Barclays Bank traces its origins back to 1690 when John Freame and Thomas Gould started trading as goldsmith bankers in Lombard Street, London.
The name “Barclays” became associated with the business in 1736, when James Barclay, son-in-law of John Freame, became a partner in the firm. In 1728 the bank moved to 54 Lombard Street which was identified by the “sign of the Black Spread Eagle”, over the years becoming a core part of the bank’s identity.
Barclays Bank D. C. O. (Dominion, Colonial and Overseas) was created in 1925 in the amalgamation of the Colonial Bank, the Anglo-Egyptian Bank and the National Bank of South Africa, and became a wholly owned subsidiary of Barclays Bank Ltd. In 1971 it was renamed Barclays Bank International Limited.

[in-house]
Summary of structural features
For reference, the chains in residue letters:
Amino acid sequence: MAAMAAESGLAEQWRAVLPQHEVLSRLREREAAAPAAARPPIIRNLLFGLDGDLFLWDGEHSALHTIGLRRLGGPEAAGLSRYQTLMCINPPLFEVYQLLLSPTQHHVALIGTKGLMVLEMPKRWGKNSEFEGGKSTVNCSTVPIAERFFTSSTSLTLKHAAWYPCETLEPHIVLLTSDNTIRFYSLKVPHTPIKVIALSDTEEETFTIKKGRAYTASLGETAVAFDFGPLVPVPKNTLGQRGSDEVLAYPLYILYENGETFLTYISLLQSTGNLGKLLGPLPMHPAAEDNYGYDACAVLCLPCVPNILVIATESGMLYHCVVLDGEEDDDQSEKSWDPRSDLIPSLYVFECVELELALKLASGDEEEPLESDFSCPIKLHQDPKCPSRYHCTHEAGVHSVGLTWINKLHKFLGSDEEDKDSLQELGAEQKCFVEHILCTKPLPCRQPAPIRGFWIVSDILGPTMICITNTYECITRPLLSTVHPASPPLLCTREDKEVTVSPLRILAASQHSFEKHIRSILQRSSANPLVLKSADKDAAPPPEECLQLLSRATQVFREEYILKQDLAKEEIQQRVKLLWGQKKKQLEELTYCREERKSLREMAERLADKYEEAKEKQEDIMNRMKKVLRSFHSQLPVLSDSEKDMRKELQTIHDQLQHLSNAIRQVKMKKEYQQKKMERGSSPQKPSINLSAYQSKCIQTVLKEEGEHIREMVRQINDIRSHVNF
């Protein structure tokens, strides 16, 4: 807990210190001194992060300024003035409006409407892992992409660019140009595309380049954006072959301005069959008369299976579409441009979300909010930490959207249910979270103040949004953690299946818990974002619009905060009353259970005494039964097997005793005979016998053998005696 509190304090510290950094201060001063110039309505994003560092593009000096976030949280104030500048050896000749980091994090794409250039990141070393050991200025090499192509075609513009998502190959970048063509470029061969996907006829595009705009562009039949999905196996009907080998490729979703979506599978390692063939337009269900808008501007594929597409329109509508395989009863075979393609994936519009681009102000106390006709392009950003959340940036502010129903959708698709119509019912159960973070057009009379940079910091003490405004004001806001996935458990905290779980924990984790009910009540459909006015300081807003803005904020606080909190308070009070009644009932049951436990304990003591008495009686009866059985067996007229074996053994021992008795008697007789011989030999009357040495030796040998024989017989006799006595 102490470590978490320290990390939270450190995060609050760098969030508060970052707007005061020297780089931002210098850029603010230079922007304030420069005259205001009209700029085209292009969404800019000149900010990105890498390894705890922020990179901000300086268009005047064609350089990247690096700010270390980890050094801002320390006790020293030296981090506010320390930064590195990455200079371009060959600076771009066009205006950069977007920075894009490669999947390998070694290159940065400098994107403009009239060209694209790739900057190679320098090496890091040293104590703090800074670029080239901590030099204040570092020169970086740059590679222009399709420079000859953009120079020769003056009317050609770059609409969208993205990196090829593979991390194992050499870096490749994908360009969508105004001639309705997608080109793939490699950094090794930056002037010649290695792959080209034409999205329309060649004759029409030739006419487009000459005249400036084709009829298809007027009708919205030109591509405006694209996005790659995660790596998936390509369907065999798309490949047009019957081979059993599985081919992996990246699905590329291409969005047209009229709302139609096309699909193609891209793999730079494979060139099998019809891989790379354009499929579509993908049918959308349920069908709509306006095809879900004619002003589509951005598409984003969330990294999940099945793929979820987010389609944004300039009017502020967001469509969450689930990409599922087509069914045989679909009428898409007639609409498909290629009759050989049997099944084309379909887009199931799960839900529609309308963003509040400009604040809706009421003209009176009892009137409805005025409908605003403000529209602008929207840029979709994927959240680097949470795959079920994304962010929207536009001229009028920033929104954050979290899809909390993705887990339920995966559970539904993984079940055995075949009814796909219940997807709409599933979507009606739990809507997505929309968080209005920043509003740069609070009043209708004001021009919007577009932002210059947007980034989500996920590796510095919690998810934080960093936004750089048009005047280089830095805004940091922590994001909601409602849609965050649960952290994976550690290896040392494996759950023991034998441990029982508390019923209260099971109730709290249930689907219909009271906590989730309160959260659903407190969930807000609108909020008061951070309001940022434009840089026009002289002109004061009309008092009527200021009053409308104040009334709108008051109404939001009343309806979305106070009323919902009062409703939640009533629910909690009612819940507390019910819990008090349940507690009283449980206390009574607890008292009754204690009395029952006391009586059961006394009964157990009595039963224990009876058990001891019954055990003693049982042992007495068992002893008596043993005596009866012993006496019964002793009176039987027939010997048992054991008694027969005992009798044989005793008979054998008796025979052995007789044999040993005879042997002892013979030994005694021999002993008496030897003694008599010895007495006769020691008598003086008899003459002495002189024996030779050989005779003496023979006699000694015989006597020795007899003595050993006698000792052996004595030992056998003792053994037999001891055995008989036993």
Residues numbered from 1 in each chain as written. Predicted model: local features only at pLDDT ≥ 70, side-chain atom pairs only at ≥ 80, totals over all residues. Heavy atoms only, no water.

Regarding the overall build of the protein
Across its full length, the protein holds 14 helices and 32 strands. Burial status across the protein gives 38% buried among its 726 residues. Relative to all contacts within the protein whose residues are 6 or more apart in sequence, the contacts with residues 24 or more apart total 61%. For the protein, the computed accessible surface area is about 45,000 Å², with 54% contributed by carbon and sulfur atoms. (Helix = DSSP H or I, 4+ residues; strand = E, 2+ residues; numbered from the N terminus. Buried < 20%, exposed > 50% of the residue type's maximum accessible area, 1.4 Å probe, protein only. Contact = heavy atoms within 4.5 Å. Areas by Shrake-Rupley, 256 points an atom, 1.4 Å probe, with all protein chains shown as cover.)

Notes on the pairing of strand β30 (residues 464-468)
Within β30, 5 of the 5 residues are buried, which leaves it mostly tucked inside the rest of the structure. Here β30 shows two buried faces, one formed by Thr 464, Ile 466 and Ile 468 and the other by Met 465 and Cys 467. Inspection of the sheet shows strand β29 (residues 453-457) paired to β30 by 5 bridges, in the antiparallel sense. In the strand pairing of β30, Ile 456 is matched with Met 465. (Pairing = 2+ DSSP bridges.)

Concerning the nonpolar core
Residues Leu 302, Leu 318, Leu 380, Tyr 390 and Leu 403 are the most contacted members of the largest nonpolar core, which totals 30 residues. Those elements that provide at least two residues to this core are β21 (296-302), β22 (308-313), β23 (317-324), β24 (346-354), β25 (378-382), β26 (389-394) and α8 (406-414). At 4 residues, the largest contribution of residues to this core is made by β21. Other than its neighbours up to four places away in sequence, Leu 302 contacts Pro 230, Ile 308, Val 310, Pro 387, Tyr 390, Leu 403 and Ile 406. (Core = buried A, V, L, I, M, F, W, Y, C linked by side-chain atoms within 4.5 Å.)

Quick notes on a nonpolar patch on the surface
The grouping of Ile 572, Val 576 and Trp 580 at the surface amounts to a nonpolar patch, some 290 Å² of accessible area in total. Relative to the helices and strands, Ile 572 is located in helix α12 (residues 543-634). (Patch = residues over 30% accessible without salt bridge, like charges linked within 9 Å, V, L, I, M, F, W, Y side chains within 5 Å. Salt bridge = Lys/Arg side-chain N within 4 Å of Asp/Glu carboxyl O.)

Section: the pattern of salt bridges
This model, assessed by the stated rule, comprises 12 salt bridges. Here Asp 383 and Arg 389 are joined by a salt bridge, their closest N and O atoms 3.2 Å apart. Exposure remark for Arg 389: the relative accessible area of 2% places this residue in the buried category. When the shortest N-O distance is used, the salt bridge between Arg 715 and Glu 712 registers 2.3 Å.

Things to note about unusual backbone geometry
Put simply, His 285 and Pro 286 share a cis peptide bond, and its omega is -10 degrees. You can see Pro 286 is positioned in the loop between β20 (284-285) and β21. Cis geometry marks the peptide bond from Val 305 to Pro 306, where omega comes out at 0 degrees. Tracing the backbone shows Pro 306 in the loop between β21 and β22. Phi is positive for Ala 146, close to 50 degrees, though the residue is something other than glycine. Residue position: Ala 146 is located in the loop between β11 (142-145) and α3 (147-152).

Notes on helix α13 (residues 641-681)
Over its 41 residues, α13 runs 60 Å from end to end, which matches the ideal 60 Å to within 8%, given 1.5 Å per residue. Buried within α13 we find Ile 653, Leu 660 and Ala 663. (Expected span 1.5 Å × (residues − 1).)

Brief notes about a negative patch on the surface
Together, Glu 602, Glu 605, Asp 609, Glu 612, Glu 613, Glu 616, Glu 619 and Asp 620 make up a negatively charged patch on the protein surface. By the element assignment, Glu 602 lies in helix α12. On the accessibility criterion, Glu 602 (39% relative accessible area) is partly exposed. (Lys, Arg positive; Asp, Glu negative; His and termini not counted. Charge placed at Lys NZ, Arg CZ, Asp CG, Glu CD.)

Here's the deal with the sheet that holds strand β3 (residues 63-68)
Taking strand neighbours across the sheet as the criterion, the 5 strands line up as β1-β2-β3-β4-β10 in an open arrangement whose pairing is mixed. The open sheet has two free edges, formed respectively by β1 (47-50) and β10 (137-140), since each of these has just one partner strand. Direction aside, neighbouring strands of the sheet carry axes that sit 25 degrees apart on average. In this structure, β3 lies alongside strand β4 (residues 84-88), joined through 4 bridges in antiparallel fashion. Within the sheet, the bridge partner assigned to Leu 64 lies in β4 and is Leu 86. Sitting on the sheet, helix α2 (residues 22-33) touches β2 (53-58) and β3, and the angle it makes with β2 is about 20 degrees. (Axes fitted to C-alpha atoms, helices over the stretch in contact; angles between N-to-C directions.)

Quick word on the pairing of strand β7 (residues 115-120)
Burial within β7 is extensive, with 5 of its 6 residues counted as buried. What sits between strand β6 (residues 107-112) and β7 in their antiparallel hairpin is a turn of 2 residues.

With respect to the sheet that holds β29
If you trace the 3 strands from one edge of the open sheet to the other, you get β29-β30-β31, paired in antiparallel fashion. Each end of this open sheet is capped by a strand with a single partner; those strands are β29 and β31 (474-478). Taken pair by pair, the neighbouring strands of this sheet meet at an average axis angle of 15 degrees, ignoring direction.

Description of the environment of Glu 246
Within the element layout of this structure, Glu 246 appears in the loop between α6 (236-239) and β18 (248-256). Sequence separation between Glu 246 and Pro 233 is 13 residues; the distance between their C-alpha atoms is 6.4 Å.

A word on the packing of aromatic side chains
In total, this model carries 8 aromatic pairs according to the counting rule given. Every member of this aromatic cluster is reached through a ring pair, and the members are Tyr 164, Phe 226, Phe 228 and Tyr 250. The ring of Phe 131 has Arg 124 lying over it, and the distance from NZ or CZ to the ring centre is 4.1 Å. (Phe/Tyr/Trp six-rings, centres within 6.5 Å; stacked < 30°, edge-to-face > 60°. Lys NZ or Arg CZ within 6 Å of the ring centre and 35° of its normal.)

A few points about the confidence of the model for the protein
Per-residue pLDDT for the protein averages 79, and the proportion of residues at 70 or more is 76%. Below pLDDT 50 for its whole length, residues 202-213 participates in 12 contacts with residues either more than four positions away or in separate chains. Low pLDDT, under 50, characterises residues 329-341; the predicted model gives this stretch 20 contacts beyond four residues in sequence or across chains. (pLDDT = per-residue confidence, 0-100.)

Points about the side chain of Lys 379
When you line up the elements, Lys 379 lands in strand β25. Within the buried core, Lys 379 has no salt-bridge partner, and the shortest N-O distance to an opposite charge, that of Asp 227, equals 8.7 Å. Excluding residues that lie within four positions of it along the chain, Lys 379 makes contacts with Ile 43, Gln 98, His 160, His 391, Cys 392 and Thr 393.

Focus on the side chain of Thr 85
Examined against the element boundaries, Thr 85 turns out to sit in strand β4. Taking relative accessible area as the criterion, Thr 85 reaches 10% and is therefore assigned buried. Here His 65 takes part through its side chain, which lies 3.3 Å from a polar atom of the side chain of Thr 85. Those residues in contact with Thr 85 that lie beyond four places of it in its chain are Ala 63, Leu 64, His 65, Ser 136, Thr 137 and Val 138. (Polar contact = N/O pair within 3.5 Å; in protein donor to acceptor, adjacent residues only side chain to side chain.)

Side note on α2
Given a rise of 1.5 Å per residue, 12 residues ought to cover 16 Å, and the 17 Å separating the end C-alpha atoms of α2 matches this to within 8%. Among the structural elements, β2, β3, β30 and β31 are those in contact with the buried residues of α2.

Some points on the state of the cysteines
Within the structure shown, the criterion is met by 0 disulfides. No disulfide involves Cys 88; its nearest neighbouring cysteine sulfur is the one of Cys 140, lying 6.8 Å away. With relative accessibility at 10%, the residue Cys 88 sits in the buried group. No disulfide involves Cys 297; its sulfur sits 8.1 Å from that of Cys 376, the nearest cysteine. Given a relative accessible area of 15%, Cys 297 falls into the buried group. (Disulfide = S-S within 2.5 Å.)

Barclays Bank expanded steadily into the 20th century. Barclaycard, the first credit card in the UK, was launched in 1966 and in 1967, Barclays unveiled the world’s first ATM cash machine at Enfield, north London.
Today, Barclays plc is a multinational banking and financial services company. It has operations in over 50 countries around the world and around 48 million customers.